Most of us are familiar with Acid Buf, a calcified marine algae harvested on the coast of Iceland. Acid Buf is mainly used as a rumen buffer to assist in increasing and stabilizing the rumen pH.
- Acid Buf is a long acting rumen buffer, able to buffer up to 8 hours at a pH of 5.5.
- Acid Buf contains 30 % highly bioavailable Ca.
- Ca in Acid Buf is 5 to 6 times more bioavailable than Ca from Limestone at rumen pH levels.
- Acid Buf contains 5.5% highly bioavailable Mg.
- Magnesium in Acid Buf can be between 2 and 3 time more bioavailable in the rumen than Magnesium from commercially available MgO. This is important because apart from acting as an alkalizer in the rumen, absorption of Magnesium is the most efficient in the rumen with no significant absorption in the omasum, abomasum or small intestine (Tomas and Potter, 1976. Br J Nutr. ;36(1):37-45.).
- Acid Buf can replace Na-bicarbonate in ruminant diets as follows: 80 g Acid Buf ≈ 160 g Na-bicarbonate + 56 g Limestone + 8g MgO.
- When replacing Na-bicarbonate with Acid Buf, one should make sure that the diet contains at least 66 g of Na / cow / day (Brian Tarr, Nutreco report).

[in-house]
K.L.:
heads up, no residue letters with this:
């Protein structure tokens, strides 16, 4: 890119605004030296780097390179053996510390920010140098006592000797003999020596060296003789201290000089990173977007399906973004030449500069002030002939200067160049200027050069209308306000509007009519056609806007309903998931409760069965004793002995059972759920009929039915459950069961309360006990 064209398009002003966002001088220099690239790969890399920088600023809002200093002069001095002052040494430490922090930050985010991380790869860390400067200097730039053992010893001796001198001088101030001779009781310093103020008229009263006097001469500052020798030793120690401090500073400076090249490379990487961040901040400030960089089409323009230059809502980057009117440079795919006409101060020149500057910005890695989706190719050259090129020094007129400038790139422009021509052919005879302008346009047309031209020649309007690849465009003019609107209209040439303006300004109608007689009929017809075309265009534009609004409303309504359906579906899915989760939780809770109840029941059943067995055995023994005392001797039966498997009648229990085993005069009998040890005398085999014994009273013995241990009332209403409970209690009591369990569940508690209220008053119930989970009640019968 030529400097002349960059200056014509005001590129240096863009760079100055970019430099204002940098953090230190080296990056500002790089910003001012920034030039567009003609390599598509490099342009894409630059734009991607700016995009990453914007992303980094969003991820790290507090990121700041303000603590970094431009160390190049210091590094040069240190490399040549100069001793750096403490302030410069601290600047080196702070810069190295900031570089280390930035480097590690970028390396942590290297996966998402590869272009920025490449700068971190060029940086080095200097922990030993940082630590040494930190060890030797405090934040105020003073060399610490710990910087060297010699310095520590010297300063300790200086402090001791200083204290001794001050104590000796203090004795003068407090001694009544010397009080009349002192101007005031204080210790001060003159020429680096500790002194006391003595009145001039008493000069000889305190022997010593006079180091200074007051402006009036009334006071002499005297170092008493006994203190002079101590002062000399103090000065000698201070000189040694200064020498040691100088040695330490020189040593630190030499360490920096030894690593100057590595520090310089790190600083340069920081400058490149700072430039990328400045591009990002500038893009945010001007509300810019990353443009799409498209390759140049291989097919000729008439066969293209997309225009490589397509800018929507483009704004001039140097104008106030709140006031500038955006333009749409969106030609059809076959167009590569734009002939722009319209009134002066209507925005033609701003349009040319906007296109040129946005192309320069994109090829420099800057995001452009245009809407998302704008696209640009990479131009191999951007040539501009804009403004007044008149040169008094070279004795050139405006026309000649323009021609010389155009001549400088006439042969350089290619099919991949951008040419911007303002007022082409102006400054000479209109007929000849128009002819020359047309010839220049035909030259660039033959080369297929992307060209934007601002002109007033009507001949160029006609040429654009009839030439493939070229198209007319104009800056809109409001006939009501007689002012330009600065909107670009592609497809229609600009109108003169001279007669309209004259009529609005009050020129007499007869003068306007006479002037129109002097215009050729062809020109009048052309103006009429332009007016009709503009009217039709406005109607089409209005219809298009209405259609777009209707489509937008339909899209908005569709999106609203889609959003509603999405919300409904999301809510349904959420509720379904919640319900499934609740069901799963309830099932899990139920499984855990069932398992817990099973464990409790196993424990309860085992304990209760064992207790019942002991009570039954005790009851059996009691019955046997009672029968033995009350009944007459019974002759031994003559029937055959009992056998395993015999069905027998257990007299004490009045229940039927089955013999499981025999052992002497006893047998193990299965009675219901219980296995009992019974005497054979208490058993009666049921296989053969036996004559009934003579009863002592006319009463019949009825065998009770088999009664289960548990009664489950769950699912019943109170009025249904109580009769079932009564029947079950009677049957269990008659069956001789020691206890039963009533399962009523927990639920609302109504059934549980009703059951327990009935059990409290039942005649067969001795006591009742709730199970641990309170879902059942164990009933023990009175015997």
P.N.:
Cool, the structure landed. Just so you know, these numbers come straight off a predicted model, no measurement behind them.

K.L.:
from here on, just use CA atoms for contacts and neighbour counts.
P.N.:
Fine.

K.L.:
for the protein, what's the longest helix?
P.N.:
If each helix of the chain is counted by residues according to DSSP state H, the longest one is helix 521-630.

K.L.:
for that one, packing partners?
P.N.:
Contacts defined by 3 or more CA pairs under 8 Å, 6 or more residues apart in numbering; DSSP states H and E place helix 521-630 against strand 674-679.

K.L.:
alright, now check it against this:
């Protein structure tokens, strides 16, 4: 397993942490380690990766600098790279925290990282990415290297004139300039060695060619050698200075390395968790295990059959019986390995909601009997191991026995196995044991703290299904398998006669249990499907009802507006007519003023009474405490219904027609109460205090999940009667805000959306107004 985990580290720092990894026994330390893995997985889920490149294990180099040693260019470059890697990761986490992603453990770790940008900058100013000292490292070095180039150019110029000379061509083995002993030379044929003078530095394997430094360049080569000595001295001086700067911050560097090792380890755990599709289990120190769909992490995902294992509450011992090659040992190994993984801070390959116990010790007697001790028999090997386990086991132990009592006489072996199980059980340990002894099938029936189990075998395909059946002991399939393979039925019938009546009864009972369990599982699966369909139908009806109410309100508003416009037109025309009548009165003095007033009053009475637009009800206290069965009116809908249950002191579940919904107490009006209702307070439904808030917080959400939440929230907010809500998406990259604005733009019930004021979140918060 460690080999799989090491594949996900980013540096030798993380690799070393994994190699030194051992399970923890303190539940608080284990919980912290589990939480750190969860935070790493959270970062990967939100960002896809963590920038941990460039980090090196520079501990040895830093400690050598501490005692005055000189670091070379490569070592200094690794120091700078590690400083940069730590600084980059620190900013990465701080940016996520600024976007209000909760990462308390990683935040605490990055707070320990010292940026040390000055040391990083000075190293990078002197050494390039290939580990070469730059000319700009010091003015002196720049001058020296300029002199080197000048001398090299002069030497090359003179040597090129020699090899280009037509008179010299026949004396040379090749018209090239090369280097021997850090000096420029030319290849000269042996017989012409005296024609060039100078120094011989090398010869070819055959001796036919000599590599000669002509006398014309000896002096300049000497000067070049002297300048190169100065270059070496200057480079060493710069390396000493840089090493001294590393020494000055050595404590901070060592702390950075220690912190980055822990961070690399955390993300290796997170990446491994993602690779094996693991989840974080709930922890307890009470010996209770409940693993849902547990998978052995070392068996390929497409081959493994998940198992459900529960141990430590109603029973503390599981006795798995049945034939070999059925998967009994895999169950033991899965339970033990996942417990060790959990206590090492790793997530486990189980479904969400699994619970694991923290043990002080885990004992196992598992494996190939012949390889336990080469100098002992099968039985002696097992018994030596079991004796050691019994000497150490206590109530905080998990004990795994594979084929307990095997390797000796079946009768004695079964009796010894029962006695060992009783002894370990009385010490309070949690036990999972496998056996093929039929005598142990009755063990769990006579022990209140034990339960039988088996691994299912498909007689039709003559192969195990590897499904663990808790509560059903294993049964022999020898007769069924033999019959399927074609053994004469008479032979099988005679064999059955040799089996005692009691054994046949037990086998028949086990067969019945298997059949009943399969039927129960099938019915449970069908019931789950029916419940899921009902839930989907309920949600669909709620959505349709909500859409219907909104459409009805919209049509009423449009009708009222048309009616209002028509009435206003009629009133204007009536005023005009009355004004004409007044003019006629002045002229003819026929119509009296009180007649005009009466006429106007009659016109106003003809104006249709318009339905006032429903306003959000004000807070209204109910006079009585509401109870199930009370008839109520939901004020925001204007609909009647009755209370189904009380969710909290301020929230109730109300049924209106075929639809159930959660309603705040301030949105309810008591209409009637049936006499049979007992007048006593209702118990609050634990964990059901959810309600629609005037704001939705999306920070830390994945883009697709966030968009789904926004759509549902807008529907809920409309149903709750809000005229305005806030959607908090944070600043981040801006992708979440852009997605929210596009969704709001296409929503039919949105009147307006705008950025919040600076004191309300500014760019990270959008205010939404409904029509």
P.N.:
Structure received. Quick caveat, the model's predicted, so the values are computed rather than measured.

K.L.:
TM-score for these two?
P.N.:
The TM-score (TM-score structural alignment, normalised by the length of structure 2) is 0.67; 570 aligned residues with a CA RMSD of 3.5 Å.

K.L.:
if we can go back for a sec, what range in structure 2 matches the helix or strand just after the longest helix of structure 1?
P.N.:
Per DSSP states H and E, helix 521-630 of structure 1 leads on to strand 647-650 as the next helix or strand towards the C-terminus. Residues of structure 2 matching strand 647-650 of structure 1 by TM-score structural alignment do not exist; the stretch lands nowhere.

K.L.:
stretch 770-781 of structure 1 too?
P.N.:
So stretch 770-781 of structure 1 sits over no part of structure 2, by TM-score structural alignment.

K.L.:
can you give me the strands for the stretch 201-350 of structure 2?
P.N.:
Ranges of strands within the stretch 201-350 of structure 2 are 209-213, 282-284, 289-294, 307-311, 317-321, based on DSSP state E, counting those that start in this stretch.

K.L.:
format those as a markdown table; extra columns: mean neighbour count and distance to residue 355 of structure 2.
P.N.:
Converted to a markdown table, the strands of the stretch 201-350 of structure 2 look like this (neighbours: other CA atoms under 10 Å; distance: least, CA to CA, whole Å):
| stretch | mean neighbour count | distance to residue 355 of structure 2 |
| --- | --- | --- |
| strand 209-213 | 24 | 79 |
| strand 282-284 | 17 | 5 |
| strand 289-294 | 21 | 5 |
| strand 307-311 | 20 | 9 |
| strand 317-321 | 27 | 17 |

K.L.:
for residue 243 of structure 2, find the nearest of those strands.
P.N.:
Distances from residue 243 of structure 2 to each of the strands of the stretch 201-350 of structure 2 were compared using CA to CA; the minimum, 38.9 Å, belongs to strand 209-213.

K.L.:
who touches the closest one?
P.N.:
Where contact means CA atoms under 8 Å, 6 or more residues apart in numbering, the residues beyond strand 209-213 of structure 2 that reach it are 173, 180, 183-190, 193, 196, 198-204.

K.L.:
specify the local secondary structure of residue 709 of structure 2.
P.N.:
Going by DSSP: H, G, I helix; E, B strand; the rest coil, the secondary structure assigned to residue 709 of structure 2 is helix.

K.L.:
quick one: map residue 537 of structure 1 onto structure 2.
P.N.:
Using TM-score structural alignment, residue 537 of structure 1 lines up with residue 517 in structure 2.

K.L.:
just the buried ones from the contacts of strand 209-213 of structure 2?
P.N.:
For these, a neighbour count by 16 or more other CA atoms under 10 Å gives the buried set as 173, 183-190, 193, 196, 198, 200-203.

- Acid Buf can replace Na-bicarbonate at half the inclusion level and give similar or better performance in dairy cow diets (Bernard et al., 2014; Cruywagen et al., 2015).
- This creates space in the diet that can be used to increase the nutrient density of the diet.
- Replacing Na-bicarbonate with Acid Buf could reduce the DCAD value of the diet as the DCAD value of Acid Buf is almost neutral. Bernard et al, 2014, indicated that lower DCAD value due to replacing Na-bicarbonate with Acid Buf (28 vs 17), did not have a negative effect on production.
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